- Published: 11 February 2013
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Model Ordinance for Flood Damage Reduction
The National Flood Insurance Program (NFIP) established a federally backed flood insurance program and flood damage reduction regulations in 1968. Communities participating in the NFIP must adopt certain land use regulations for identified floodplain areas to make flood insurance from the federal government available to their residents. These regulations establish minimum flood protection standards for buildings and other types of development in identified floodplains. These minimum standards require structures to be flood proofed or elevated above base flood elevations, anchoring of structures, and prohibit fill in floodways unless a property owner can verify that the base flood elevations will not be increased. In 2006 Ohio Department of Natural Resources' (ODNR) Model Flood Damage Reduction Regulations were revised, and they were approved by the Federal Emergency Management Agency for adoption and implementation in participating NFIP communities.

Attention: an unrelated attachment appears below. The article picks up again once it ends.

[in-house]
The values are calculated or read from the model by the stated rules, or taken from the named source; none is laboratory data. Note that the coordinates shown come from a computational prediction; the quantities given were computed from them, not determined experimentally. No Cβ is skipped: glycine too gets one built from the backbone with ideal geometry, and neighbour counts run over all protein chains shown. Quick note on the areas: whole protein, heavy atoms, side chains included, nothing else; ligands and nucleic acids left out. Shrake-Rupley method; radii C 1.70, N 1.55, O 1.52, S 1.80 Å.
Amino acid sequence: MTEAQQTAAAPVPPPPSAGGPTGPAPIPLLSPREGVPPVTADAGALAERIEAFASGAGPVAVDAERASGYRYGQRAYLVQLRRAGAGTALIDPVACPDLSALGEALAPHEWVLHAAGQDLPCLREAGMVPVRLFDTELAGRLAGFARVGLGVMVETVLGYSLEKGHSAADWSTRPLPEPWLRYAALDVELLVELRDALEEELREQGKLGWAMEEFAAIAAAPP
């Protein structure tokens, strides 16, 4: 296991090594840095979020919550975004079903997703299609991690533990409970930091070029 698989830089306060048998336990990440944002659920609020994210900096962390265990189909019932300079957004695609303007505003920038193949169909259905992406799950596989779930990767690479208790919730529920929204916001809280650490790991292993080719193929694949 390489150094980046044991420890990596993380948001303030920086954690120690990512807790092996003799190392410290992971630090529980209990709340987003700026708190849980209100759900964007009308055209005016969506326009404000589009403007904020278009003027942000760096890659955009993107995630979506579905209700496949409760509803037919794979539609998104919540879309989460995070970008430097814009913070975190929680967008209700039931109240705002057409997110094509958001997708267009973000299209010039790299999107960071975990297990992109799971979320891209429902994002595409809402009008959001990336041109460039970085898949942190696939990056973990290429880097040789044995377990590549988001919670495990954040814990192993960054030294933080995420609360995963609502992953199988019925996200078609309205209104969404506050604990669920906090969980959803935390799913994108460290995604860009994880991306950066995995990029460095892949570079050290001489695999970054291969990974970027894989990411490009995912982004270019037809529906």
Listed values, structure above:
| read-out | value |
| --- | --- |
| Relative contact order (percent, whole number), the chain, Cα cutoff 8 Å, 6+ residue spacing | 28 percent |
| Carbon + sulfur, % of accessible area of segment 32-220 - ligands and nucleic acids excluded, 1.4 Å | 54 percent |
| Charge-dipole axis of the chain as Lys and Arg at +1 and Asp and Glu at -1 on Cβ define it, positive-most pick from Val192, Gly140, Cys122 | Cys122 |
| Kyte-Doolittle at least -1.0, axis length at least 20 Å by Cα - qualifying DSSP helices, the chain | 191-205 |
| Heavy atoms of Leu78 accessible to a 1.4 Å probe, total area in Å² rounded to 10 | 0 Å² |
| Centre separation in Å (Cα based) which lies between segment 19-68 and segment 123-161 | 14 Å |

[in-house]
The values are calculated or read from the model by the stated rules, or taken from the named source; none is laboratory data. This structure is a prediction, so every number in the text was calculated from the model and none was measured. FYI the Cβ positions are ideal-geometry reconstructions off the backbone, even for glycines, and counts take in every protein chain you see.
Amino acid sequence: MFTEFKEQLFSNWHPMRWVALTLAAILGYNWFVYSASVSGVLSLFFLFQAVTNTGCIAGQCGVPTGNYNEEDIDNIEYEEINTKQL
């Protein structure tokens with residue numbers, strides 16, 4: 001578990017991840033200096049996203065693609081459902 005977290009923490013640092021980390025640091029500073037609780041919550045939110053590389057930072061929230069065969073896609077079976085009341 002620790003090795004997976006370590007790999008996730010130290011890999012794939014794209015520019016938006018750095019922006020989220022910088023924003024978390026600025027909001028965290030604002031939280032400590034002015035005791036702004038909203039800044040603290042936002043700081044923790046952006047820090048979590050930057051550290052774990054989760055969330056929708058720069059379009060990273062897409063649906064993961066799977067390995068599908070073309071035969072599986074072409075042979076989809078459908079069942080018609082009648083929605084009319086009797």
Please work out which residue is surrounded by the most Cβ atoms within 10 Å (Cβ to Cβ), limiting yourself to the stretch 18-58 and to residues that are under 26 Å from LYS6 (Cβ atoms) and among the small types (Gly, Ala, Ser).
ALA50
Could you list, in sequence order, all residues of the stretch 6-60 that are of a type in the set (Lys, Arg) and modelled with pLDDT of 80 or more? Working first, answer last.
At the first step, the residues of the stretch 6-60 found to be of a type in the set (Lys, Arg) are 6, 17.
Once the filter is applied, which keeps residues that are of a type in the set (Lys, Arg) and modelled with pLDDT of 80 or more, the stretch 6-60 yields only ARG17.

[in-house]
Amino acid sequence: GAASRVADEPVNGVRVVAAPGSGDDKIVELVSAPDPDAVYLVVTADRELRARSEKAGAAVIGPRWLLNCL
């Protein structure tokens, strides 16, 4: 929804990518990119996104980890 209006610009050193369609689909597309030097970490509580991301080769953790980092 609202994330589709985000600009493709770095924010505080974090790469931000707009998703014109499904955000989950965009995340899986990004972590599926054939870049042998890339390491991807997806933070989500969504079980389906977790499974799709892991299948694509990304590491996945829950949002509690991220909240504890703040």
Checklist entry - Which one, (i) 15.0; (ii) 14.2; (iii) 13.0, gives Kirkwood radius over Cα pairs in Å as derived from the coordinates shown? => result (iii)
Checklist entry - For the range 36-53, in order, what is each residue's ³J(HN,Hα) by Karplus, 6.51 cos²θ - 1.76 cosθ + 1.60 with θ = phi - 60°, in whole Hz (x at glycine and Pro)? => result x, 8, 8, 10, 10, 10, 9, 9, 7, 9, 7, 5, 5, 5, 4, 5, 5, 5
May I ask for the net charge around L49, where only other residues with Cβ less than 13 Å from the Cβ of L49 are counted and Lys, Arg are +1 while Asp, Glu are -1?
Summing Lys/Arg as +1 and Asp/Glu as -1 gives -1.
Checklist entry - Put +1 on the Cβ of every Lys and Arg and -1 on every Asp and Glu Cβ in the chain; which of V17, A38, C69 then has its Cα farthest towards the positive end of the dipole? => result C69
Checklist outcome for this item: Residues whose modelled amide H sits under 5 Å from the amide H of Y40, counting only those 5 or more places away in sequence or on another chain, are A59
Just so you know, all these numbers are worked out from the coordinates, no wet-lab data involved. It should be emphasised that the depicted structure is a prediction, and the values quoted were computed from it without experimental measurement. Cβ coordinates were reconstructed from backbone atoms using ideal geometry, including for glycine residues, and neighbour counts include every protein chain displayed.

Communities must have up to date flood damage reduction regulations to participate in the NFIP. Because floodplain maps are currently being updated in Ohio, the new "Effective Date" for communities' floodplain maps must be revised in their flood damage reduction regulations. Communities have six months from the effective date of their updated map to revise their regulations. ODNR must review and approve any revisions. While communities are updating their floodplain regulations they may also consider incorporating higher standards. Higher standards are more conservative than the minimum federal standards, that when implemented, can reduce the potential of flood damage. These standards include, but are not limited to:
- Two Foot Freeboard: protects structures against damage from flood heights greater than base flood elevations.
- Fill Restrictions: provide standards for compaction and slopes for any fill in floodplains.
- Foundation Design Guidelines: ensure proper design and construction of foundations to protect structural integrity.